Monday, September 22, 2008

I've Played High School

I told a commercial agent today that my age range as an actor starts at sixteen. As I said it, I hoped he wasn't noticing the wrinkle between my eyes. It's the only telling sign of my true age. My friend's sister had a wrinkle in the same spot. She got it botoxed. I plan on avoiding that procedure by doing eye-exercises that I found online. I do them at night before I go to bed. They involve stretching the eye-lid, raising the eyebrows, moving the eyes side-to-side within the sockets, and rapidly batting the eyelashes, which we all know, can alone make a girl feel pretty. So far the exercises only seem to diminish the appearance of the wrinkle when I'm actually doing them; when I'm not, it is still there, deep as a canyon.

"My age range is about sixteen to thirty-two," I said.

The agent wrote it down and then, studying my face, pondered, "Sixteen. Mayyybeeee . . . maybe sixteen."

"I've booked high school roles," I lied.

I've never played high school, not even when I was in high school. Aside from the time I was cast as Audrey Hepburn in Wait Until Dark (I was cast not as 'Susy', but as Audrey, because I was skinny and my hairstyle resembled hers in the movie), I was always cast as the Little Old Lady. This, back when I didn't even have any wrinkles. Pearl Burras in Greater Tuna, Maude in Harold and Maude, Vee Talbot in Orpheus Descending. I graduated from college with a BFA in acting without any experience playing someone my own age, and entered an industry in which the 'type' that gets the most work is "18 to look younger."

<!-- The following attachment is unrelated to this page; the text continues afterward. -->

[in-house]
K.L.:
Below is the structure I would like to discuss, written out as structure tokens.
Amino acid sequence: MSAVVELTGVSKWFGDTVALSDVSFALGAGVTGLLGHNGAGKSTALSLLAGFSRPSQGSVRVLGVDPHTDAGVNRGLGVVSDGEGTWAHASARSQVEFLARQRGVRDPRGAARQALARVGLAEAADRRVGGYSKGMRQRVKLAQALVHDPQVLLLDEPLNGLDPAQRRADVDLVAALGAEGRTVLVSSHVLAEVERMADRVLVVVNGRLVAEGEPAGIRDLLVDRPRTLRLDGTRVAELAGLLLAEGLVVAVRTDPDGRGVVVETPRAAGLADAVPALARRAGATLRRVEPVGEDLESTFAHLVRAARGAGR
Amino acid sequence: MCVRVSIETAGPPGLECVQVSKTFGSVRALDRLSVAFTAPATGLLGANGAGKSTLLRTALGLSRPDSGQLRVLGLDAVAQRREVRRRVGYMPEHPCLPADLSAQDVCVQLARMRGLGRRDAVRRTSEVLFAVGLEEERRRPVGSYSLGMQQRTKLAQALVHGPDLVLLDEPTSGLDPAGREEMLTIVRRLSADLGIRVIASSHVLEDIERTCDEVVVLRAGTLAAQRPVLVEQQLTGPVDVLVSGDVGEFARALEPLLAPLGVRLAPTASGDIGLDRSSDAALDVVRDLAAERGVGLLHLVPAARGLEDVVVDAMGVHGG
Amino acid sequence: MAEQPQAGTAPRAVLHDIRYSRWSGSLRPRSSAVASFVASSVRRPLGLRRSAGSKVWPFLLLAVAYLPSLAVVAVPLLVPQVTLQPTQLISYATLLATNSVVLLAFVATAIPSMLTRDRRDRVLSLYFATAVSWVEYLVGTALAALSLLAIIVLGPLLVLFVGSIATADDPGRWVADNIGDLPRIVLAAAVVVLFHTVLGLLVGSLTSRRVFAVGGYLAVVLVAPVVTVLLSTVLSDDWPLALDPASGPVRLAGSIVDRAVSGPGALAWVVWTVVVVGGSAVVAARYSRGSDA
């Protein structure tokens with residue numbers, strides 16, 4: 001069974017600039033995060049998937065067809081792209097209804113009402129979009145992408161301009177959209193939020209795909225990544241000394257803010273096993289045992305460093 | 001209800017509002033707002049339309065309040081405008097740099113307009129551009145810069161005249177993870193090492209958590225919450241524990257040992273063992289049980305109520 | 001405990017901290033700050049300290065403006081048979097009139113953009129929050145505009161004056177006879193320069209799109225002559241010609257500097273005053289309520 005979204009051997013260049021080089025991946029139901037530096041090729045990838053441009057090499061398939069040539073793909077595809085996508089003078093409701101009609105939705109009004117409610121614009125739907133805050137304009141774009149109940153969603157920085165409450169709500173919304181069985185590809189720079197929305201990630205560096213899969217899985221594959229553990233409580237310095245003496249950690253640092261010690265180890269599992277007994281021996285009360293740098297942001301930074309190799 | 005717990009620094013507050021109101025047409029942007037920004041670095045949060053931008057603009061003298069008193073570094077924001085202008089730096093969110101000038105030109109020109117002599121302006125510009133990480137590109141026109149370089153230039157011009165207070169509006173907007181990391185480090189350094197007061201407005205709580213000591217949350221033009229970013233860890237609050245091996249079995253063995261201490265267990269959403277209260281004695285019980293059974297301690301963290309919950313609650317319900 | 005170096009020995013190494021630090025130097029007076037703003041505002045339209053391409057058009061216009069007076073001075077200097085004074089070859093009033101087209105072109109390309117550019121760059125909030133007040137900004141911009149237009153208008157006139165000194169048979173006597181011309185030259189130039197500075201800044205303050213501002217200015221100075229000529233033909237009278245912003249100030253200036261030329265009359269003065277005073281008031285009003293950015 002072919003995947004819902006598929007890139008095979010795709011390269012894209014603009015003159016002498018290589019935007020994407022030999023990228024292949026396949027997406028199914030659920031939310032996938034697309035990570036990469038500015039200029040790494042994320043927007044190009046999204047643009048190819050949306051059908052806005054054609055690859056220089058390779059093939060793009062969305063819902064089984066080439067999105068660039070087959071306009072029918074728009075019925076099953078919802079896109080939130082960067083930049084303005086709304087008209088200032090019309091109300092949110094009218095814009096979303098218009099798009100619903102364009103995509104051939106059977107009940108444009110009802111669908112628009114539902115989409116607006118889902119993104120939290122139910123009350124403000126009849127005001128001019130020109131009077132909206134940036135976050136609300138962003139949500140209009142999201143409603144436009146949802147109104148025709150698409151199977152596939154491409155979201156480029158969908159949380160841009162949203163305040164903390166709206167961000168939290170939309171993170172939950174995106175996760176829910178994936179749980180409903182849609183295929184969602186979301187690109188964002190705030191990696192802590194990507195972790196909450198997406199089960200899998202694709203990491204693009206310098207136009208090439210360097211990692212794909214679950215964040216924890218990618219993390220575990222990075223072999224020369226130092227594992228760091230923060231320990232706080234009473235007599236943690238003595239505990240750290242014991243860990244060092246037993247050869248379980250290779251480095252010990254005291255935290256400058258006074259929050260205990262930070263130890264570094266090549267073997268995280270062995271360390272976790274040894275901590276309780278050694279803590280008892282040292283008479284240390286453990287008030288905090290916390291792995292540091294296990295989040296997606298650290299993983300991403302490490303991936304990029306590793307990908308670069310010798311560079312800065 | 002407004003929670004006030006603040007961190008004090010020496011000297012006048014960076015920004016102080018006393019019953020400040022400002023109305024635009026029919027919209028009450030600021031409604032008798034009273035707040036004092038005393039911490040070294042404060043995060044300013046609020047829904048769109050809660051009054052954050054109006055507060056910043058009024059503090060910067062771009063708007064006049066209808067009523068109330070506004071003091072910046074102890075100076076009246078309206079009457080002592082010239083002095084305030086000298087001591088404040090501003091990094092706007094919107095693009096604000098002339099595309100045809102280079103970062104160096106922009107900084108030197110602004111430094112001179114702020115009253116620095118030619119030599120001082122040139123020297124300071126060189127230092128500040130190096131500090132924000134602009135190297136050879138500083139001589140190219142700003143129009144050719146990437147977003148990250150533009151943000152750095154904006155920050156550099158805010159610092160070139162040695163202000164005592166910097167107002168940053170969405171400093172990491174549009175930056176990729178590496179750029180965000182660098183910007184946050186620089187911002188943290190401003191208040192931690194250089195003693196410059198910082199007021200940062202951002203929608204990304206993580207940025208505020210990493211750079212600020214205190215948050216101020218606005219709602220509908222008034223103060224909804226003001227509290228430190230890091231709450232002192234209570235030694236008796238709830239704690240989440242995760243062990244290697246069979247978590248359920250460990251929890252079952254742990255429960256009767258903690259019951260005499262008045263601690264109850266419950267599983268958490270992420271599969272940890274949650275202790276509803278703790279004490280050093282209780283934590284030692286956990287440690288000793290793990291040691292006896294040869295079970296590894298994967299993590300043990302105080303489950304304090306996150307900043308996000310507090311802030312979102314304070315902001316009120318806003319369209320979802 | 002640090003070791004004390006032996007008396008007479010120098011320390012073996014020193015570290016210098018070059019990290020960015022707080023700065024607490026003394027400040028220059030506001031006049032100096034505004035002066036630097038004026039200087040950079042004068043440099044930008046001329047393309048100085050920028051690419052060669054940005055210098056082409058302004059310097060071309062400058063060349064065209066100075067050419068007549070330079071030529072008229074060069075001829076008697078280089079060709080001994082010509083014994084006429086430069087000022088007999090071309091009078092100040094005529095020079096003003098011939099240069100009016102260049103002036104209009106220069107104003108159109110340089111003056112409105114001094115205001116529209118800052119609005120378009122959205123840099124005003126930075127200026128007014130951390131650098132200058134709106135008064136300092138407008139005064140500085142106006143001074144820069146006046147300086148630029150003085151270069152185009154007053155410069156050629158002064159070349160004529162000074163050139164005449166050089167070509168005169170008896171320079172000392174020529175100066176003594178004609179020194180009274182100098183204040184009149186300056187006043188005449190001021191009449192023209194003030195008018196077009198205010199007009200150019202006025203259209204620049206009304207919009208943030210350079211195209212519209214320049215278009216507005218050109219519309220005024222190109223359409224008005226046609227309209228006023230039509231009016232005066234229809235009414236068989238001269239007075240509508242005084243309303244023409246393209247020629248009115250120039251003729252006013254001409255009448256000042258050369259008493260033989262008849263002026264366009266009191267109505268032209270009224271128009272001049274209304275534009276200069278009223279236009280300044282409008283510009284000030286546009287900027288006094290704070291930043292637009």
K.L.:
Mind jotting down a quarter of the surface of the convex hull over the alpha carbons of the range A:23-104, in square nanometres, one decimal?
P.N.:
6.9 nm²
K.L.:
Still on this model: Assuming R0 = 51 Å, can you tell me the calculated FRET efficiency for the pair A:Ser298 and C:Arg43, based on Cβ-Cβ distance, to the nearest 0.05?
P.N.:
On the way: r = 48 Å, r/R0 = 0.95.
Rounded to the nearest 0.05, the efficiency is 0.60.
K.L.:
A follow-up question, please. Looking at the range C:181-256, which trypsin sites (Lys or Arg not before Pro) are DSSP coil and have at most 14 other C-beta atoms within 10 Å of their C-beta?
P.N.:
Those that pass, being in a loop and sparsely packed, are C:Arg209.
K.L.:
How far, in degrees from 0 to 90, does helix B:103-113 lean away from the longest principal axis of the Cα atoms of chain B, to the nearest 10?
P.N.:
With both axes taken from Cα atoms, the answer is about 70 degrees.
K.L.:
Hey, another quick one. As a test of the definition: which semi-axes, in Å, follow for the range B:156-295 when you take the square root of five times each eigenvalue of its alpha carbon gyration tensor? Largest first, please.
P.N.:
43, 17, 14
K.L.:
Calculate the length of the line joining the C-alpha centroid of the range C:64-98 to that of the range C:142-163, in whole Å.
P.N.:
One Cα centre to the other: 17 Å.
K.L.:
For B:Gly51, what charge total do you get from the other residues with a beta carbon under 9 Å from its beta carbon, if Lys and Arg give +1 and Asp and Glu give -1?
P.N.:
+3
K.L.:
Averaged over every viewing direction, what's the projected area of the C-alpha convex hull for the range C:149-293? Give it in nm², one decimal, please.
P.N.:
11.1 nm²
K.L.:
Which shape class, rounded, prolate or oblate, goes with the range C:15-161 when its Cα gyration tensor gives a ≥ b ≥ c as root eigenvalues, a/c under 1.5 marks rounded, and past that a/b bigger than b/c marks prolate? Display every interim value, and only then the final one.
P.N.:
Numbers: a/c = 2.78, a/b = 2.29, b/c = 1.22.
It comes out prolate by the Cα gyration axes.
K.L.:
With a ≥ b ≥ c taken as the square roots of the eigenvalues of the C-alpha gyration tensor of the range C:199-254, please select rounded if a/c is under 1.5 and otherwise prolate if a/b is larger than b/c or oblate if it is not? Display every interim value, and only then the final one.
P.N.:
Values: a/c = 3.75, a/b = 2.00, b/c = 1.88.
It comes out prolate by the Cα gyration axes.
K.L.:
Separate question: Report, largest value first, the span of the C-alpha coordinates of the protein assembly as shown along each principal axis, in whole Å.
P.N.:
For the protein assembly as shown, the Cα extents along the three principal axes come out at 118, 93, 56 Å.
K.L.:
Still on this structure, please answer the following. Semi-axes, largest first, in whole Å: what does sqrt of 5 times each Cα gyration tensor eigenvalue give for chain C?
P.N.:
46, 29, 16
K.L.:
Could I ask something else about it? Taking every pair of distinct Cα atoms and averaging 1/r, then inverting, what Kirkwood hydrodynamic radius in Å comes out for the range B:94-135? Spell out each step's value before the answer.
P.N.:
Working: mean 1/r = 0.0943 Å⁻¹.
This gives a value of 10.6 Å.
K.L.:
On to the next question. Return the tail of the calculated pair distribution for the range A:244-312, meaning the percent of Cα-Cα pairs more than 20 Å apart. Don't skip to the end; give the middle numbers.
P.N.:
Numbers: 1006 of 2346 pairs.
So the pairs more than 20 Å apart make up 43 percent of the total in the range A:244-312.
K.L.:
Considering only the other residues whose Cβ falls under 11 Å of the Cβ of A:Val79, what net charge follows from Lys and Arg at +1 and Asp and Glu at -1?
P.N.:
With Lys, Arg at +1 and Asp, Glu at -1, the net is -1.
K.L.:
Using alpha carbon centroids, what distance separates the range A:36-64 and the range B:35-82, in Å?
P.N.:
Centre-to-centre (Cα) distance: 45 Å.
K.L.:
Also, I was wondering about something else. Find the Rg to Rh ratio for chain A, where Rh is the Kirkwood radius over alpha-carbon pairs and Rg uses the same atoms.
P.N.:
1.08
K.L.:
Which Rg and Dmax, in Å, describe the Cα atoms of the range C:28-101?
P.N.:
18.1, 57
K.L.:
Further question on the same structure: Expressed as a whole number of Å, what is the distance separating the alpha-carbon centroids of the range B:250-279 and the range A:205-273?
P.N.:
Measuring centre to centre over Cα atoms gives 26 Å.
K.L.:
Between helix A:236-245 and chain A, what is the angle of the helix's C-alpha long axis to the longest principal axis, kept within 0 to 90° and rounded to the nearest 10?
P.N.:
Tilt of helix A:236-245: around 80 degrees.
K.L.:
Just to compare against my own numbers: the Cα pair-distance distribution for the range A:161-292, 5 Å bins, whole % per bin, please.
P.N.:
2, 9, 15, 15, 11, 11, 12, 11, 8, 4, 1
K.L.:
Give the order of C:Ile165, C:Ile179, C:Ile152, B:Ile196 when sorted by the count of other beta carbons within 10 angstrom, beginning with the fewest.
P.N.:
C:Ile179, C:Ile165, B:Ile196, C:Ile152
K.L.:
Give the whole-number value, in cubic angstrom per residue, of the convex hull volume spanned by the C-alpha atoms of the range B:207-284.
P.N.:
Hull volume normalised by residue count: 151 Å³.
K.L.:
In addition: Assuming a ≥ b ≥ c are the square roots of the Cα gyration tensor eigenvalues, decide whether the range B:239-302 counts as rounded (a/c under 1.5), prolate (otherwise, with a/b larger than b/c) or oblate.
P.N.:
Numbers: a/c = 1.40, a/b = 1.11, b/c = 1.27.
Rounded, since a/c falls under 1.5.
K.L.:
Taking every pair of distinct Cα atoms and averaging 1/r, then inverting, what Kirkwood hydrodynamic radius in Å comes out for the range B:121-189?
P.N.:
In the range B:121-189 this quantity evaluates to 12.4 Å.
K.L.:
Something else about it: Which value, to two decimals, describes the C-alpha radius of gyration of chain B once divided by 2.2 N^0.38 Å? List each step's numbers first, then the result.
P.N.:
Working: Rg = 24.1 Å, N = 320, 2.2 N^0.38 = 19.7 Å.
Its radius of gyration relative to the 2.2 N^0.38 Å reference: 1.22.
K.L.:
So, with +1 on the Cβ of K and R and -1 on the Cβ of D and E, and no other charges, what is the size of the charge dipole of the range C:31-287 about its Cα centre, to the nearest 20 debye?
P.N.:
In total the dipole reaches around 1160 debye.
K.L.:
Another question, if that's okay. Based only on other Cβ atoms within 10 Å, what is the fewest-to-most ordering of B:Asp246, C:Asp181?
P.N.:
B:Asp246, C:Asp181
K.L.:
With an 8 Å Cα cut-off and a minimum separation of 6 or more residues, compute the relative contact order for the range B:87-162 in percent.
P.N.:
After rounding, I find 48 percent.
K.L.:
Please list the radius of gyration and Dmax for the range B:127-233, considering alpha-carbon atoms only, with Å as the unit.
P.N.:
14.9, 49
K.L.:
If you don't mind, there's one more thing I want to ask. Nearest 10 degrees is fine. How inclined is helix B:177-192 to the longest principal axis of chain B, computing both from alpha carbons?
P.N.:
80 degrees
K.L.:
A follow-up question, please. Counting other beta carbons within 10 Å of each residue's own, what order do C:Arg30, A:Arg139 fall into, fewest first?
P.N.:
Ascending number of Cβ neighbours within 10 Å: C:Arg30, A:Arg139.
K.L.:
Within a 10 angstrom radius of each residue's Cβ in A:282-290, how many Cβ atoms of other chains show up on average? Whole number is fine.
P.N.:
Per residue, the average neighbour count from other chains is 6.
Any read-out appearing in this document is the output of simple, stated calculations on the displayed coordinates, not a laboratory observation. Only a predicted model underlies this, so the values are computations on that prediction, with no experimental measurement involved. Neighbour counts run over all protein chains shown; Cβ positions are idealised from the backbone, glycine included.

"Interesting that they cast you as Vee," the agent said, reading over my resume. Then he looked at me for an explanation.

"Yeah, I know." I didn't want to tell him my history with old-age type-casting.

"But why not Carol?" he asked.

"The director wanted to take a creative risk," I quipped.

"Yeah, obviously. Vee is in her sixties and you are, well, not."

I laughed, batted my eyelashes, and tried to subtly stretch the arch of my nose without raising my eyebrows.

"Sixteen," he muttered. "Yeah, maybe. Maybe sixteen."

Thursday, July 24, 2008

Foot in the Door

I worked at a production company yesterday. Owned by a director of many big, recognizable movies, and operated by the producer of most of those movies, I looked forward to “getting my foot in the door” of this well-reputed company. What I intended to do once my foot was in, I didn’t know exactly. Build contacts, maybe. They say contacts are good to have in this industry. Learn the ropes of the inside business, maybe. They say you have to have experience to get experience. Astonish the entertainment world with my good looks and quick wit, maybe. Yes, certainly.